Southern Draw – QuickDraw Pennsylvania
Southern Draw Cigars has been around for a couple of years now and, once again, I am late to the show. Inspired by southern culture and, specifically, the southern gentleman, US Veteran Robert Holt created a cigar company and brand focused on respect and integrity. The company teamed up with one of the most esteemed cigar makers in Nicaragua, AJ Fernandez, for the production of their cigars.
Southern Draw’s portfolio has grown over its few short years in business with Jacobs Ladder, Kudzu, Firethorn, Rose of Sharon, and QuickDraw. QuickDraw, as with the rest of Southern Draw’s lines, are produced at Tabacalera Fernandez De Nicaragua S.A. in Esteli, Nicaragua. Three wrapper options are currently available including Ecuadorian Connecticut, Ecuadorian Dark Habano, and Pennsylvania Broadleaf. Keeping with the theme of the brand, the two available sizes are on the smaller end of the spectrum with a Petite Corona (4 1/2 by 44) and Short Panatela (5 1/2 by 40). The QuickDraw Petite Corona comes packaged in 50-count boxes that will run you about $225 or $5.00 per stick.
You can purchase the Southern Draw QuickDraw from our site sponsor Famous Smoke Shop. Make sure to use coupon code “CASASAVINGS” for $15 off orders over $100.
Vitola: Petite Corona
Size: 4 ½ by 44
Wrapper: Pennsylvania Broadleaf
Filler: Nicaraguan and Honduran
Start Time: 1 Hour
Southern Draw’s QuickDraw Pennsylvania is dressed an extremely dark, nearly black Pennsylvania Broadleaf wrapper. There is a ton of texture on this rustic looking leaf that is loaded with tooth, veins and bumps. Sugar-like crystals glisten down the leaf as I work through my pre-light inspection.
The cigar is firmly rolled from head to foot and I am met with a pungent aroma of barnyard and wet earth as I bring the wrapper of the cigar to my nose. With the shaggy foot, the aroma is mostly the same with a hint of richness and sweetness. A shallow cut through the small pig-tail cap reveals a firm draw, which I expected to be due to the shaggy foot. Rich cedar and light baking spices are on the cold draw.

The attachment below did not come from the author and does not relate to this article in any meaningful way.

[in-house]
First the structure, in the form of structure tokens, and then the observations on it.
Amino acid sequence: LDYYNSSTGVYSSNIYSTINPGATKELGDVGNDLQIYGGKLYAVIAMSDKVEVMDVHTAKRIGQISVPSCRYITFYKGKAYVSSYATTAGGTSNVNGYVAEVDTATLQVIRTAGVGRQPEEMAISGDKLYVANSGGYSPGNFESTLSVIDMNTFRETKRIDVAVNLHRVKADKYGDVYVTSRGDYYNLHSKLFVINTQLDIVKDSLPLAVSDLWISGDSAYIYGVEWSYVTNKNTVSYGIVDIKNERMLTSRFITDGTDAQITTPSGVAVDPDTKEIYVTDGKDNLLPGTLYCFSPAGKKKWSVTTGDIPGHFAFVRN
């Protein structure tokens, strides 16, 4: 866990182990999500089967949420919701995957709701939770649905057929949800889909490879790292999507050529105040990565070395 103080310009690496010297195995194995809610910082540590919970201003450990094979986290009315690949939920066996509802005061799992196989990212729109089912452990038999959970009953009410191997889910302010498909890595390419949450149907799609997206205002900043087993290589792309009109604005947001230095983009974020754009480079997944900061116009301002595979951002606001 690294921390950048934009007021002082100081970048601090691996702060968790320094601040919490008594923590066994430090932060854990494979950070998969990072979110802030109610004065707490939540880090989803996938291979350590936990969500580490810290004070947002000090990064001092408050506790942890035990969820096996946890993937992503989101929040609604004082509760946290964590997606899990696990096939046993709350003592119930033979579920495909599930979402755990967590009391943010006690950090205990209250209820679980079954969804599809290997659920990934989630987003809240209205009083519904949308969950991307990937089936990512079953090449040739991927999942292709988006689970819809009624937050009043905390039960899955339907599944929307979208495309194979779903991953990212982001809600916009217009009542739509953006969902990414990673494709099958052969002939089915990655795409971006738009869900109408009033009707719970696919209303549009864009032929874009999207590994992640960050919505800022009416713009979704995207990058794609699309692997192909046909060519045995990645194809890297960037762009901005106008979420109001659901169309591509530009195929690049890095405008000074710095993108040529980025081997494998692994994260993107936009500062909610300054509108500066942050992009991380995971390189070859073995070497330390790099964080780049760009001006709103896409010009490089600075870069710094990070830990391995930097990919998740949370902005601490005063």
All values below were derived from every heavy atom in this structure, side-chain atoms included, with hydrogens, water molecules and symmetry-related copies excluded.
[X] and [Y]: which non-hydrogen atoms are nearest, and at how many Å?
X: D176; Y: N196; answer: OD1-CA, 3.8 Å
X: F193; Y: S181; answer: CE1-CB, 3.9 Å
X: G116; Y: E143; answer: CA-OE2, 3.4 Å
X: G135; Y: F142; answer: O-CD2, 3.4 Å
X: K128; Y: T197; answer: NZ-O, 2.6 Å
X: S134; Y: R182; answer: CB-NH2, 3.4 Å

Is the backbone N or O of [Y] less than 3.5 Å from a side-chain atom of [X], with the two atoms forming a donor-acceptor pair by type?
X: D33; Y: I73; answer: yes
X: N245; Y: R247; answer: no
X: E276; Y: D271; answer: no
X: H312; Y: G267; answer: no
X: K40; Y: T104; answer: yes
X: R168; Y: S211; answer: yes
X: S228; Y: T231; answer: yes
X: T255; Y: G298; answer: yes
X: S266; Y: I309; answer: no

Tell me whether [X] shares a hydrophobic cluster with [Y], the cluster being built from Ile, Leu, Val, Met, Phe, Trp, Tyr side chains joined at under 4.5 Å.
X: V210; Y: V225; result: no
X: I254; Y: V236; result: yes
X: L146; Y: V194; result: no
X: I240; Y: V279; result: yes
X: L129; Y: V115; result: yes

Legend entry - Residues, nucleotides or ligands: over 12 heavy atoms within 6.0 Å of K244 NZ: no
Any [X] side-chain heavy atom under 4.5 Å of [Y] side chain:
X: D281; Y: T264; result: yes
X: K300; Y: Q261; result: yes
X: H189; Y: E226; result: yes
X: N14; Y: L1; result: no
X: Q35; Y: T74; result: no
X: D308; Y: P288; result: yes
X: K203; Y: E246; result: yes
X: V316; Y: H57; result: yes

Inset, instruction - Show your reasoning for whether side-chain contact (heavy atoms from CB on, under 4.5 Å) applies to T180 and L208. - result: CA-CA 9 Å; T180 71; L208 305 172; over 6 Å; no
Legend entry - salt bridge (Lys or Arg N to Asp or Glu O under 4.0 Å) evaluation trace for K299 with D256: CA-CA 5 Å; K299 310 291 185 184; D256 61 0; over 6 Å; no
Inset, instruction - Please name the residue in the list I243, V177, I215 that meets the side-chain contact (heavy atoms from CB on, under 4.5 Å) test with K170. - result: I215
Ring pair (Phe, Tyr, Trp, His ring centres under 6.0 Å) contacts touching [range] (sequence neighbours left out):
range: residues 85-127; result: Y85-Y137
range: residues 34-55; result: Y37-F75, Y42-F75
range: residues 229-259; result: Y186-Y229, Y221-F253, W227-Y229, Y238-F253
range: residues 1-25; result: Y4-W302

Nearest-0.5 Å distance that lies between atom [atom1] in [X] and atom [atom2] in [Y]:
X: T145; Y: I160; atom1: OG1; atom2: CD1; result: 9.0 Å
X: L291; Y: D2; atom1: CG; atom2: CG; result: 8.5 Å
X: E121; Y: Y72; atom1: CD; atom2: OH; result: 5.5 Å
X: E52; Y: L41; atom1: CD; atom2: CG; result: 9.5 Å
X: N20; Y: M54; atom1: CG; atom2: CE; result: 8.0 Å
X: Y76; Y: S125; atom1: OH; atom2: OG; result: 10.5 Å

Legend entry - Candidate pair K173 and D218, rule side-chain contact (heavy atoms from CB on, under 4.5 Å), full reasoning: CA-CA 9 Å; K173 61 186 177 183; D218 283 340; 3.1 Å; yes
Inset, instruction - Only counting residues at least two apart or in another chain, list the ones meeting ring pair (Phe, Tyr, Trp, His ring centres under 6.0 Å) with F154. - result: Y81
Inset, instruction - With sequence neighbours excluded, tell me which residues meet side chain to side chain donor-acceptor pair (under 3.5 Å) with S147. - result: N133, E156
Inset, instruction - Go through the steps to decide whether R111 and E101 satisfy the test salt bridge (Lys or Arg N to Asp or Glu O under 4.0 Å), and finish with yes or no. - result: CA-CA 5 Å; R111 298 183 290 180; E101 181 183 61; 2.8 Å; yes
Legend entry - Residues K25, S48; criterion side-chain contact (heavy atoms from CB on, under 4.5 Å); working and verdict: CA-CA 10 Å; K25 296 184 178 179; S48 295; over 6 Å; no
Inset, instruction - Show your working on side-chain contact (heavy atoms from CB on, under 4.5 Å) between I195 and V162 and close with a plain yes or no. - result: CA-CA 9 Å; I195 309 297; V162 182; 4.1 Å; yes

As soon as the foot of the Southern Draw QuickDraw is lit, the draw opens up and heavy and dark flavors pour out with notes of leather and a rich coffee. The richness really comes out as I retro-hale the smoke, along with a faint spice. The spice is building in both the flavor department and heat, warming my palate, as the cigar progresses. The QuickDraw Petite Corona is burning with a minor wave as a white ash forms. The ash held just short of an inch, which is pretty impressive for such a small ring gauge cigar.
The QuickDraw Pennsylvania gains in richness as the flavors remain consistent with the prior third. The flavors are medium/full and I am beginning to feel the strength this small cigar has to offer. At the back end of the flavors there is a tartness and sweetness that is beginning to peak through. The tartness is something I find in most Broadleaf cigars.
As I begin the last leg of my journey of the QuickDraw Pennsylvania, I find the tartness to be moving forward, trying to keep up with the darker flavors of charred wood, leather and coffee and a caramelized sugar sweetness. The flavors have made it to the full realm and the strength is on par. And the spice is showing no signs of slowing down as I near the end of the smoke.
I don’t know why I waited so long to light up a cigar from Southern Draw. The QuickDraw Pennsylvania is exactly what I look for in a cigar. Big flavors, full strength, spice that keeps the palate alert, and a whole lot of richness. I love the Petite Corona format, but, at the same time, I didn’t want the cigar to end. The cigar developed a wave in the burn here and there, but it didn’t distract me from everything else going on. I highly recommend the QuickDraw Pennsylvania and I consider it a box worthy cigar even in a 50-count box!